Third, an impressive amount of UK aid has been provided for Nigerian refugees and IDPs. However, we urge for an increased provision of international humanitarian aid to IDPs and refugees; for the UK to both support and urge the Nigerian government to increase the provision of aid to all persons affected, regardless of ethno-religious affiliation; and particularly to ensure that aid urgently reaches communities in the Nigerian states of Plateau, southern Kaduna, Nasarawa, Taraba and Benue, affected by Fulani Herdsmen attacks.

Finally, we urge the UK to increase their existing work in monitoring and assisting the federal and state governments of Nigeria in the swift reconstruction of schools in north-eastern Nigeria, and to ensure that Islamic Religious Education is not considered compulsory for non-Muslims in Northern states but that sufficient Christian Religious Education is offered for Christian children in those schools.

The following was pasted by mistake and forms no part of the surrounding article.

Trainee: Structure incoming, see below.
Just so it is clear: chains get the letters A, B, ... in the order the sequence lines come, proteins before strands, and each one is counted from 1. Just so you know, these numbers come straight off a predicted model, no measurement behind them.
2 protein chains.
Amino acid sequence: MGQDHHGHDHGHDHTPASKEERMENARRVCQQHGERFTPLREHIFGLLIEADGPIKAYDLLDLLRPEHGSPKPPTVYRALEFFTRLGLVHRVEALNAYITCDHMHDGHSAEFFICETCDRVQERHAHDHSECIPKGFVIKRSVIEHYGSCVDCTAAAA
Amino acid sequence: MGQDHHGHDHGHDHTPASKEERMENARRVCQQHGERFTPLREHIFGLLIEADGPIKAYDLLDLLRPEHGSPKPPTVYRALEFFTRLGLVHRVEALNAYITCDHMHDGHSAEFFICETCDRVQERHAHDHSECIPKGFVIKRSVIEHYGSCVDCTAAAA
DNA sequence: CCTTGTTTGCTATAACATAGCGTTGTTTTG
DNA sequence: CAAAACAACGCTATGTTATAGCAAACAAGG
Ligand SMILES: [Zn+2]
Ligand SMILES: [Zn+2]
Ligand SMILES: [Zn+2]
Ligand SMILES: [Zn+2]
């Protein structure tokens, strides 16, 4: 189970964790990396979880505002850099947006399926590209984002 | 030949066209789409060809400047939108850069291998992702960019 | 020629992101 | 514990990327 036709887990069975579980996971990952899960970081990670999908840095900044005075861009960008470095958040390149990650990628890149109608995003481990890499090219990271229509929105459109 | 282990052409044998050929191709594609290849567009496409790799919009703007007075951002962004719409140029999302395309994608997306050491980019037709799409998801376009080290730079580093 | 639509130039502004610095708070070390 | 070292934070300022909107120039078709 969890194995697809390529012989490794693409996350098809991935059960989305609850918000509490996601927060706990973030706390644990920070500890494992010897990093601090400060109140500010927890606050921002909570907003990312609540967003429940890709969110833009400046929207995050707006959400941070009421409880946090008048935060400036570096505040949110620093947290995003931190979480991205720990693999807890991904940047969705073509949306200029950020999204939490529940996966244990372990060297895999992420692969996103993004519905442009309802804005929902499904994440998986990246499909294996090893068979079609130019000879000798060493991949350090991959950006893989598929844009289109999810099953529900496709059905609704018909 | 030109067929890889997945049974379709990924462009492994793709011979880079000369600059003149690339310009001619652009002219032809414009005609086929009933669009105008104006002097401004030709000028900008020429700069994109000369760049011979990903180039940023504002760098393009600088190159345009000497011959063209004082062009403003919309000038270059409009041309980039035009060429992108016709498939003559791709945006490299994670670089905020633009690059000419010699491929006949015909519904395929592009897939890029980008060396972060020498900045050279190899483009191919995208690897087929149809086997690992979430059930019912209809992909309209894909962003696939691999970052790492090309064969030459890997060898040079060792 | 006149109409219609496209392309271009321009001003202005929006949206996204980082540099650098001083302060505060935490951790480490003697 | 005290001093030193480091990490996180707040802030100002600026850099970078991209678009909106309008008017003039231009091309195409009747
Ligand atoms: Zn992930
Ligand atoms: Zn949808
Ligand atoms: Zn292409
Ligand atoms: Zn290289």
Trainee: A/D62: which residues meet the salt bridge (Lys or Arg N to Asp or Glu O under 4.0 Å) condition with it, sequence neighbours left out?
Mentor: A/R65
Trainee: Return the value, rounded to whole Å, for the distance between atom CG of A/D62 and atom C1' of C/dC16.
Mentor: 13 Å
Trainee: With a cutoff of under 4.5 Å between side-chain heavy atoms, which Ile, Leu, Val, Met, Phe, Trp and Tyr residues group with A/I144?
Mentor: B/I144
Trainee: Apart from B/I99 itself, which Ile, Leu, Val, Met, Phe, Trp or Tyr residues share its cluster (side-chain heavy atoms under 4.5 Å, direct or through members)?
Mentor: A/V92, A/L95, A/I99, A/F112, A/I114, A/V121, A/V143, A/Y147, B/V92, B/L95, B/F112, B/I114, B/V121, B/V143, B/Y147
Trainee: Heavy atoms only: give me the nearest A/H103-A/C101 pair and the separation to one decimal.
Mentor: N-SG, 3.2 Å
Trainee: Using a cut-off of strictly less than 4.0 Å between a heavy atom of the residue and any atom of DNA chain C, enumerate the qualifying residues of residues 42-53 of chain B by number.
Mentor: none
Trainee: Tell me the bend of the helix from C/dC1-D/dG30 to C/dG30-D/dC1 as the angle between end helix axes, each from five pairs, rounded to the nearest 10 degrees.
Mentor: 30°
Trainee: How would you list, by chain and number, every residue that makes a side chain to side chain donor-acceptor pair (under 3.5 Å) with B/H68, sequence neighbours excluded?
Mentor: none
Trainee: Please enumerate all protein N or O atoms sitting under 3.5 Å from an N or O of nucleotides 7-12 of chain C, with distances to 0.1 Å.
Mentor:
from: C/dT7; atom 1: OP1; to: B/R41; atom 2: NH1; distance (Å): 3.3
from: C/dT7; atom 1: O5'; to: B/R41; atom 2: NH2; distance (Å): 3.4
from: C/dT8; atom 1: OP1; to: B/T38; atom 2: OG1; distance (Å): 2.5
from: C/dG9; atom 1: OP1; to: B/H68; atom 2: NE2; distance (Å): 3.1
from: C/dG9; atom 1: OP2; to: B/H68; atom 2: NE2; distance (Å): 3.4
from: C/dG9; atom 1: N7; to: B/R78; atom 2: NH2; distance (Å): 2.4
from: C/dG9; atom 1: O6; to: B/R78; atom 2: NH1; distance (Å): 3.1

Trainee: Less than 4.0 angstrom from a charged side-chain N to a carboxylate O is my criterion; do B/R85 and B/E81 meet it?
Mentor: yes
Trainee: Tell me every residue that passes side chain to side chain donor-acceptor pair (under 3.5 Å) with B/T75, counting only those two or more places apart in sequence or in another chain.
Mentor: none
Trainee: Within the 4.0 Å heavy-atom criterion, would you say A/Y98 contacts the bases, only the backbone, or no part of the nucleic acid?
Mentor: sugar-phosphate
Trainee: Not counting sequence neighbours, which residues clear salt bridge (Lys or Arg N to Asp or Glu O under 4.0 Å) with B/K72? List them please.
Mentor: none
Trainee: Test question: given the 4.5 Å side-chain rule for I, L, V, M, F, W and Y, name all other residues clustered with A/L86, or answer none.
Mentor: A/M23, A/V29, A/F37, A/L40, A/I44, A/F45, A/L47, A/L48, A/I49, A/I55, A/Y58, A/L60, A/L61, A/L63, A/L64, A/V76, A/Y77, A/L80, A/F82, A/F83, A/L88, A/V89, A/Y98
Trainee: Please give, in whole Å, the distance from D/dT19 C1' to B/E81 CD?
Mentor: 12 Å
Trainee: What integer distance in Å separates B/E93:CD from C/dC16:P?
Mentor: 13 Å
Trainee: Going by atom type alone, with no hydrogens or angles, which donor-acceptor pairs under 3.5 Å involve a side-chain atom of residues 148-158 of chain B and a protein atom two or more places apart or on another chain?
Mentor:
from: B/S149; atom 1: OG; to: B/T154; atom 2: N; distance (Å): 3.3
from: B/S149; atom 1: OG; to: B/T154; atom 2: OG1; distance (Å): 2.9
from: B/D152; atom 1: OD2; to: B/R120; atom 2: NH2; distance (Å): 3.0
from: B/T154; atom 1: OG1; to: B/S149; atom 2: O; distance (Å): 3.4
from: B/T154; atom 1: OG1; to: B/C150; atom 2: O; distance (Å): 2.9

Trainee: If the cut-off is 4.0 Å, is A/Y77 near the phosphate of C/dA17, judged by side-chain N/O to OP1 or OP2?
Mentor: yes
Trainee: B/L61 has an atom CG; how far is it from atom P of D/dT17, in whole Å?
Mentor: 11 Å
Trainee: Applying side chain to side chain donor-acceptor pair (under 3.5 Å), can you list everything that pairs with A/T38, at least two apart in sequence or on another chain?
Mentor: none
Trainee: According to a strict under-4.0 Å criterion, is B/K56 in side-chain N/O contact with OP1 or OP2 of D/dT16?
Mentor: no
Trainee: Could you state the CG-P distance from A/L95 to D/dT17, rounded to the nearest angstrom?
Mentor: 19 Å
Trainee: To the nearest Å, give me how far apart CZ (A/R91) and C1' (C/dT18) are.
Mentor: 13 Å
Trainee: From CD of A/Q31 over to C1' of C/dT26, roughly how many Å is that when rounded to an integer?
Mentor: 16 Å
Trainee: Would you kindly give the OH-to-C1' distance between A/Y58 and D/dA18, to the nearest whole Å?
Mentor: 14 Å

Will the UK Government hear? If they hear, will they listen? If they listen, will they act? Or will they simply nod piously over a cup of tea and give the usual FCO assurances that they are doing all they can, which isn’t very much at all. And why are our bishops and other clergy, along with many MPs, peers and seemingly the entire mainstream (even ‘right-wing’) media, all crying about 3,000 children from Syria who are “stranded” in the relative safety of mainland Europe, while many more thousands of Nigerian children are being summarily abducted, raped and hacked to pieces with no hope of escape to anywhere at all?

  • len

    Thank you for posting this article your Grace.Christians in Nigeria are suffering terribly at the hands of their Muslim persecutors.The UK Government needs to do all in its power to influence the authorities in Nigeria to protect its citizens from what can only be described as genocide.

  • Anton